“Anti-colonialism has been economically catastrophic for the Indian people for decades,” Andreessen wrote. “Why stop now?”
After that, the Internet went nuts.
Andreessen deleted his tweet, apologized, and underscored that he is “100 percent opposed to colonialism” and “100 percent in favor of independence and freedom.” Zuckerberg, Facebook’s CEO, followed up with his own Facebook post to say Andreessen’s comment was “deeply upsetting” to him, and not representative of the way he thinks “at all.”
By announcing the first detection of gravitational waves, scientists have vindicated Einstein and given humans a new way to look at the universe.
More than a billion years ago, in a galaxy that sits more than a billion light-years away, two black holes spiraled together and collided. We can’t see this collision, but we know it happened because, as Albert Einstein predicted a century ago, gravitational waves rippled out from it and traveled across the universe to an ultra-sensitive detector here on Earth.
This discovery, announced today by researchers with the Laser Interferometer Gravitational-wave Observatory (LIGO), marks another triumph for Einstein’s general theory of relativity. And more importantly, it marks the beginning of a new era in the study of the universe: the advent of gravitational-wave astronomy. The universe has just become a much more interesting place.
The city has filed a suit demanding $500 in payment for emergency treatment for the boy after a police officer fatally shot him.
What’s more outrageous than having a police officer shoot an unarmed 12-year-old, failing to provide medical care, keeping his family forcibly from the scene, and then declining to indict the officer for the death? In most cases, little. But the city of Cleveland has found a way: It is suing Tamir Rice’s family for not paying the ambulance bill after a Cleveland cop shot and killed the boy in November 2014.
As the Scene reports, Cleveland has filed a claim in probate court, seeking $500 from Rice’s estate to pay for emergency medical services rendered after Officer Timothy Loehmann fatally shot the boy. The charge is especially galling because Loehmann and another officer apparently had no training or equipment to provide aid to Rice after they shot him. They did nothing for four minutes until an FBI agent who happened to be nearby took over.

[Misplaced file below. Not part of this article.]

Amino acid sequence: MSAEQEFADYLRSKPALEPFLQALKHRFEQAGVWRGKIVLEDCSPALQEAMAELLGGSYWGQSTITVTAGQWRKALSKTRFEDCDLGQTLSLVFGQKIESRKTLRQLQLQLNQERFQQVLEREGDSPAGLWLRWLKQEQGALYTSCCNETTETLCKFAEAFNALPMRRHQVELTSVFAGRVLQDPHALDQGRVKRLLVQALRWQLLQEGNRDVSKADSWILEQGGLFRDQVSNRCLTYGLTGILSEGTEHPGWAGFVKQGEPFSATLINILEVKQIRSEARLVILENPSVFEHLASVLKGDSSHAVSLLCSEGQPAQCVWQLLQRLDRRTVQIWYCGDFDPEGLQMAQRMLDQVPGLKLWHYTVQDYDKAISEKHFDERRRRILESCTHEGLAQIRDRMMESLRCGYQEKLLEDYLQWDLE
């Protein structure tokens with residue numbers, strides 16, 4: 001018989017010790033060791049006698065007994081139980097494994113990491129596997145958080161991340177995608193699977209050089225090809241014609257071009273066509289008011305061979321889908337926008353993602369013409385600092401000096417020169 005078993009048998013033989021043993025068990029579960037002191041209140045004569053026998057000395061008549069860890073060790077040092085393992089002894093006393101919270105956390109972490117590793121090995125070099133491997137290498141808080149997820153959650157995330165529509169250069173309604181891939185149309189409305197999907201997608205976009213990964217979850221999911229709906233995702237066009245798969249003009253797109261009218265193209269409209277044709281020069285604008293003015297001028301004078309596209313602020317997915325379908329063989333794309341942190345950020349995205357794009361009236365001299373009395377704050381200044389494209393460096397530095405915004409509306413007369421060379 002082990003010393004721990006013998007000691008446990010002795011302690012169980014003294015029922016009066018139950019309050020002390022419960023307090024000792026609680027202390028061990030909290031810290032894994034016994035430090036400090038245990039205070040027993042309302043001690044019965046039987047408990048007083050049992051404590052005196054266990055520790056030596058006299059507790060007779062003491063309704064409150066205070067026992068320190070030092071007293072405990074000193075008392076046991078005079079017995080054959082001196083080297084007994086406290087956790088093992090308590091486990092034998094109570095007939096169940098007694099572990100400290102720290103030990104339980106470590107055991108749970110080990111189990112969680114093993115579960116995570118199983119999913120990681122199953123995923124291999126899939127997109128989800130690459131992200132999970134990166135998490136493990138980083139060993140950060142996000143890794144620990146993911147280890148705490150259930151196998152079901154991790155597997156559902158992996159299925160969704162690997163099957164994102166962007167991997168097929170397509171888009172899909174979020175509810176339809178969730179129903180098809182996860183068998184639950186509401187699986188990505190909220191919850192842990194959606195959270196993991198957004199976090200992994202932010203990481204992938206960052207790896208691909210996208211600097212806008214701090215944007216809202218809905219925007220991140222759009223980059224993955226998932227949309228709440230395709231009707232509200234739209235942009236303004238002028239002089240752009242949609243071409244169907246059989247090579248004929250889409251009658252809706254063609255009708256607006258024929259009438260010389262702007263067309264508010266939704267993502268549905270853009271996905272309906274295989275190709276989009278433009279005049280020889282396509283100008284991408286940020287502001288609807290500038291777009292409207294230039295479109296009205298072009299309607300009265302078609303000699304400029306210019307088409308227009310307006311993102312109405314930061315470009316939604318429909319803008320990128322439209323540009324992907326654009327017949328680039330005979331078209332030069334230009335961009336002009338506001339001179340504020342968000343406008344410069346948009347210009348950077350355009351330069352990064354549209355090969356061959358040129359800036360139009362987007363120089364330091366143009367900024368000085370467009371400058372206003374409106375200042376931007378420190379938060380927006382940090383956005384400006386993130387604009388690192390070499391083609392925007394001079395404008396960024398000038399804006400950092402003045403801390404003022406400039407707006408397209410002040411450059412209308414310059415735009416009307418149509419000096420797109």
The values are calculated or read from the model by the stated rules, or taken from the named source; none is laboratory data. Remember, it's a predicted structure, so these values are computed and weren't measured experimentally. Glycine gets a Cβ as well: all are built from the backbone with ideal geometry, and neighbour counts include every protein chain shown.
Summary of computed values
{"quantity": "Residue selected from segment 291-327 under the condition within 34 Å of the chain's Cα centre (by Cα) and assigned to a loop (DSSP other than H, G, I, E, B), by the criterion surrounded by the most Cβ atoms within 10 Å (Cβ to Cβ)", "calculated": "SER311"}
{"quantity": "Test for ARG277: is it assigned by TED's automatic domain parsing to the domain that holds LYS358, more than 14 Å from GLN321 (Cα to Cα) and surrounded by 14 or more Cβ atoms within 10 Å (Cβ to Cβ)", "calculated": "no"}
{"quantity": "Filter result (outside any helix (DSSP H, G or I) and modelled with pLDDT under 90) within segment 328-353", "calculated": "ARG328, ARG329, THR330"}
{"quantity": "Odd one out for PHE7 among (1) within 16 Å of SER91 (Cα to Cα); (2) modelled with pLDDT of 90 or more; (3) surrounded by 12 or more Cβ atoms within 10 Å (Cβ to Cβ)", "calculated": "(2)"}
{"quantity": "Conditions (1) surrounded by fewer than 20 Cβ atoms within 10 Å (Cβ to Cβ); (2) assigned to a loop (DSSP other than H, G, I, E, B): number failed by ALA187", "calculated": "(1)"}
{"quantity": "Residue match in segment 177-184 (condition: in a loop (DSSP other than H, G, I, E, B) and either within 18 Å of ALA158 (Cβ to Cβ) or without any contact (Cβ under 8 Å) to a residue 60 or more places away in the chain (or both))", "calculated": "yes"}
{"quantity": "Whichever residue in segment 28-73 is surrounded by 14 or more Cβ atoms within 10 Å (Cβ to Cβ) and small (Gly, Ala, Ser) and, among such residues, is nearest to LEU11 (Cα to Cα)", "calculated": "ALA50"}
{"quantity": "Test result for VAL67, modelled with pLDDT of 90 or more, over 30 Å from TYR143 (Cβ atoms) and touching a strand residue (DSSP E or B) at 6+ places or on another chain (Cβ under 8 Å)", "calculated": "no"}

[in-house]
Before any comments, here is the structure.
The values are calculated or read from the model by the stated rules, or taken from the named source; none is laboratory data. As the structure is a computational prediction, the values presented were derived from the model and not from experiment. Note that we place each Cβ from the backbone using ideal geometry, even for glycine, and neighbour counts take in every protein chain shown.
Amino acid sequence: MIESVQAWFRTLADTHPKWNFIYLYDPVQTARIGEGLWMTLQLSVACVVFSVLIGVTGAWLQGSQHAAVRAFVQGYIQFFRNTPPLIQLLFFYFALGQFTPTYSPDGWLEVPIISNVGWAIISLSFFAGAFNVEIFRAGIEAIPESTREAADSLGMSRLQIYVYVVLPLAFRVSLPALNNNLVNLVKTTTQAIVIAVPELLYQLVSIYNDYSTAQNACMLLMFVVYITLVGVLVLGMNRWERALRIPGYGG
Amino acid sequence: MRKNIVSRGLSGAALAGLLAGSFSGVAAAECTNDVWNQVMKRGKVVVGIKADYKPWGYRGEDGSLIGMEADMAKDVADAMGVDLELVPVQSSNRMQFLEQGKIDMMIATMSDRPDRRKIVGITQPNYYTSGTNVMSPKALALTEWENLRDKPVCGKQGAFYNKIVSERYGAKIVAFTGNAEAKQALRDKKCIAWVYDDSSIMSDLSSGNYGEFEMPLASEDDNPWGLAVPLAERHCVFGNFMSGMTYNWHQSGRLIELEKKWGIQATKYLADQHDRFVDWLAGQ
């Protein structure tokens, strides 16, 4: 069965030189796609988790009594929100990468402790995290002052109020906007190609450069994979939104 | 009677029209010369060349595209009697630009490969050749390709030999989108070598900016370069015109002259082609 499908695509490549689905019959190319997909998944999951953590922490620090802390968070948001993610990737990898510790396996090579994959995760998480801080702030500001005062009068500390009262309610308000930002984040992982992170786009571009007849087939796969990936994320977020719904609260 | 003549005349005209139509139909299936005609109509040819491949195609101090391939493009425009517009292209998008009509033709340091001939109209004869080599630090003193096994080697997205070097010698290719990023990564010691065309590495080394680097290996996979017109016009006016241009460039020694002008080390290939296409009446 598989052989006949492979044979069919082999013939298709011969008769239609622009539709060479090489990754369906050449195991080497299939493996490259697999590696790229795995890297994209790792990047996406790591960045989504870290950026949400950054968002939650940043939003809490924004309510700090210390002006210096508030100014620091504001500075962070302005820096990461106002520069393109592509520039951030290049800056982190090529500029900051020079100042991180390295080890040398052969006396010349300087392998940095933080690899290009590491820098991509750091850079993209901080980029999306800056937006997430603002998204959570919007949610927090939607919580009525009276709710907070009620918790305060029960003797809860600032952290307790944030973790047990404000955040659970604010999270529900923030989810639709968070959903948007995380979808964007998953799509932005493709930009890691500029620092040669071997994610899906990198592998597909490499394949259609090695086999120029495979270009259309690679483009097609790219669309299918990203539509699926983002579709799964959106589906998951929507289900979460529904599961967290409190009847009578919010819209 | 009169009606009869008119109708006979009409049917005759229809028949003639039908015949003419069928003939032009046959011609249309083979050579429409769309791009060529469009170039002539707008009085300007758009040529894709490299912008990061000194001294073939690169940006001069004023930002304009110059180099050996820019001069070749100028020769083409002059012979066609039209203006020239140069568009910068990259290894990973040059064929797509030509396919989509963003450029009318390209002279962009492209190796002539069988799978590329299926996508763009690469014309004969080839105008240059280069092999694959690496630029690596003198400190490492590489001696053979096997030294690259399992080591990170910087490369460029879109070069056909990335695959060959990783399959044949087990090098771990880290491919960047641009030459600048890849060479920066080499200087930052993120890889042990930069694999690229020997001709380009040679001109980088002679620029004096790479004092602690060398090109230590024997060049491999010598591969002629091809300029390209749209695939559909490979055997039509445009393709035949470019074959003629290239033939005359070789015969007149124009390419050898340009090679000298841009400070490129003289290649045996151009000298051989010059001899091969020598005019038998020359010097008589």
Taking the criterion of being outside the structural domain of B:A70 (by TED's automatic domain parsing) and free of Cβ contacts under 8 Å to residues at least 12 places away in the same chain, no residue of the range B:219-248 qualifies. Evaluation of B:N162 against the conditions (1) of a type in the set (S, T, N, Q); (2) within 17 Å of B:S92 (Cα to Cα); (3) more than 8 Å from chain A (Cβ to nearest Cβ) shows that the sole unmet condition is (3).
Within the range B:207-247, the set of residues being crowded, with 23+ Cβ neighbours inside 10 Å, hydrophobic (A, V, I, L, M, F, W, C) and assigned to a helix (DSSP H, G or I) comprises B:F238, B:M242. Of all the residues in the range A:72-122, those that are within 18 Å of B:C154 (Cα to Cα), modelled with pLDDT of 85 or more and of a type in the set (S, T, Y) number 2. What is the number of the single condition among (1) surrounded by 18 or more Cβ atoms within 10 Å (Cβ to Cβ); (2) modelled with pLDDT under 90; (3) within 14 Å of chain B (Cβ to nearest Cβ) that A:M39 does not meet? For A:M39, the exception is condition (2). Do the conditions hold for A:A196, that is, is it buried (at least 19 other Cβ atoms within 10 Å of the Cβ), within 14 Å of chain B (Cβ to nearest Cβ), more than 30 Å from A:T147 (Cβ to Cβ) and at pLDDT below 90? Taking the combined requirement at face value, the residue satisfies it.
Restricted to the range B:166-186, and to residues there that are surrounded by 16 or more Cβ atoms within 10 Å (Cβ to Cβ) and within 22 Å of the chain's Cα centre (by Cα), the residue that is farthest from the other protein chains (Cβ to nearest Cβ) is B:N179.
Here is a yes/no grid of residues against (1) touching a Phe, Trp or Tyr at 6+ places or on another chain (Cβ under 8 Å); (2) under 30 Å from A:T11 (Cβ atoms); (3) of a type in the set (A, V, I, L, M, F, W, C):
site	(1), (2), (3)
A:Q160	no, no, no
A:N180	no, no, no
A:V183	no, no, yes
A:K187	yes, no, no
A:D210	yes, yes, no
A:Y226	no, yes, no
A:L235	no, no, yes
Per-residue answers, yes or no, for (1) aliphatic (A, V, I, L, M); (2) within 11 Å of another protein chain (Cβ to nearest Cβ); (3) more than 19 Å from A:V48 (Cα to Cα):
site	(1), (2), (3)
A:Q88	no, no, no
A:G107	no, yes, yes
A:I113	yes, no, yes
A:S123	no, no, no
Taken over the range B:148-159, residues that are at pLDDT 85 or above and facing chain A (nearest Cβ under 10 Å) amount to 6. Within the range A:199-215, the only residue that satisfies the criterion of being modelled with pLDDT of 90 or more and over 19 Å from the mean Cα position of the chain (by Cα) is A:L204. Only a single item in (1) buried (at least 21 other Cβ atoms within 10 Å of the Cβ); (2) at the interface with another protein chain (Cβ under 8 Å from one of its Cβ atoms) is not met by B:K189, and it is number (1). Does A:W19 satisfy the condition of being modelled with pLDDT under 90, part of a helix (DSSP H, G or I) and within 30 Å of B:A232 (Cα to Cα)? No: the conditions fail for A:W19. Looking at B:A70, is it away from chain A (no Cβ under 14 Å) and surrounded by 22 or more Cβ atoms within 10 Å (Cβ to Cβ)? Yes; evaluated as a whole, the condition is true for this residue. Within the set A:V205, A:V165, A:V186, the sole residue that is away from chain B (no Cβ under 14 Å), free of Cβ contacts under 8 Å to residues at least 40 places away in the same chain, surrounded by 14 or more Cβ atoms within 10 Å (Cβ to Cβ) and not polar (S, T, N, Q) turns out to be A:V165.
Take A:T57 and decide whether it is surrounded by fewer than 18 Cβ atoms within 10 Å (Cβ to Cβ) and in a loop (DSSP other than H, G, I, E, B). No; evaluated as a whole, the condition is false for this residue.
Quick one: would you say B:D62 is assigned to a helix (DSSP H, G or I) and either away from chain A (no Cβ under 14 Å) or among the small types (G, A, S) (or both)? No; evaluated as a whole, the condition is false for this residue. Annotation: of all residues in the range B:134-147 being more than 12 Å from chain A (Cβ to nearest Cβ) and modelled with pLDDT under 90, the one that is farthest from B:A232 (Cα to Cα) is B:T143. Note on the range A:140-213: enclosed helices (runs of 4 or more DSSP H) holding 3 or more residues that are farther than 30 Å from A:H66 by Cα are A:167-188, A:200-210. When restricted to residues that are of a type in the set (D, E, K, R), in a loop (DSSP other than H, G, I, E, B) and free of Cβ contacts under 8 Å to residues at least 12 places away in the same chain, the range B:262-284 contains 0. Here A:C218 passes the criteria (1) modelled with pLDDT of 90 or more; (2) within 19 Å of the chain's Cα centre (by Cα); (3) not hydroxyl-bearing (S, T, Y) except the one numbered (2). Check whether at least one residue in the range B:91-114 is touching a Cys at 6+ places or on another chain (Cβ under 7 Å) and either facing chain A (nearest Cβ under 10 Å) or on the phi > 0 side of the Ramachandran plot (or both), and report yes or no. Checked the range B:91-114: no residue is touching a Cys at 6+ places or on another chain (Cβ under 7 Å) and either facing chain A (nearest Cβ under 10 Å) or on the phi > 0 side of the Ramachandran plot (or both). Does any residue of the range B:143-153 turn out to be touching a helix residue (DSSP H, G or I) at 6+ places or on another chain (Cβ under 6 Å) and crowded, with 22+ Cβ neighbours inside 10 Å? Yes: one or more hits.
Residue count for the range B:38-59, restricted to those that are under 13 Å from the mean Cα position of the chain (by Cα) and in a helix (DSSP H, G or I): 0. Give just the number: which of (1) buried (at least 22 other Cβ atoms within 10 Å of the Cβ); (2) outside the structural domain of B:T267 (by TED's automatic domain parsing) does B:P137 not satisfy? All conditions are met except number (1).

If Bernie Sanders is serious about a political transformation in America, he needs a better plan.
If there’s one thing that fires up Bernie Sanders supporters—and makes his detractors roll their eyes—it’s his call for a “political revolution.” To his base, it’s the very point of his anti-establishment, anti-elite candidacy. To his critics, it’s the very embodiment of his campaign’s naïve impracticality and vagueness.
But now that voters in Iowa and New Hampshire have spoken, it’s time to take the idea of political revolution more seriously—more seriously, indeed, than Sanders himself appears to have. It’s time to ask: What exactly would it take?
It starts with Congress. And here it’s instructive to compare Sanders and Donald Trump. Both rely on broad, satisfying refrains of “We’re gonna”: We’re gonna break up the big banks. We’re gonna make Mexico build the wall. We’re gonna end the rule of Wall Street billionaires. We’re gonna make China stop ripping us off.
A new report from OkCupid finds that American daters are growing more traditional in some ways, and more open-minded in others.
It was the best of times, it was the worst of times, it was Carrie Underwood’s time. It was the age of wisdom, but also of low-rise jeans. It was only just over a decade ago, but oh, how things have changed since 2005.
The dating site OkCupid had launched the previous year, and it’s been asking its users questions about their relationship preferences ever since. This week, the company released a survey comparing the responses they received in 2005 to those collected in 2015. Though not as rigorous as a truly random survey, the data hint at changing views of sex, love, and gender norms among online daters in the U.S.
Surprisingly, OkCupid found that people have become more sexually conservative in certain ways. For example, fewer people now say they would have sex on the first date:
The number of American teens who excel at advanced math has surged. Why?
On a sultry evening last July, a tall, soft-spoken 17-year-old named David Stoner and nearly 600 other math whizzes from all over the world sat huddled in small groups around wicker bistro tables, talking in low voices and obsessively refreshing the browsers on their laptops. The air in the cavernous lobby of the Lotus Hotel Pang Suan Kaew in Chiang Mai, Thailand, was humid, recalls Stoner, whose light South Carolina accent warms his carefully chosen words. The tension in the room made it seem especially heavy, like the atmosphere at a high-stakes poker tournament.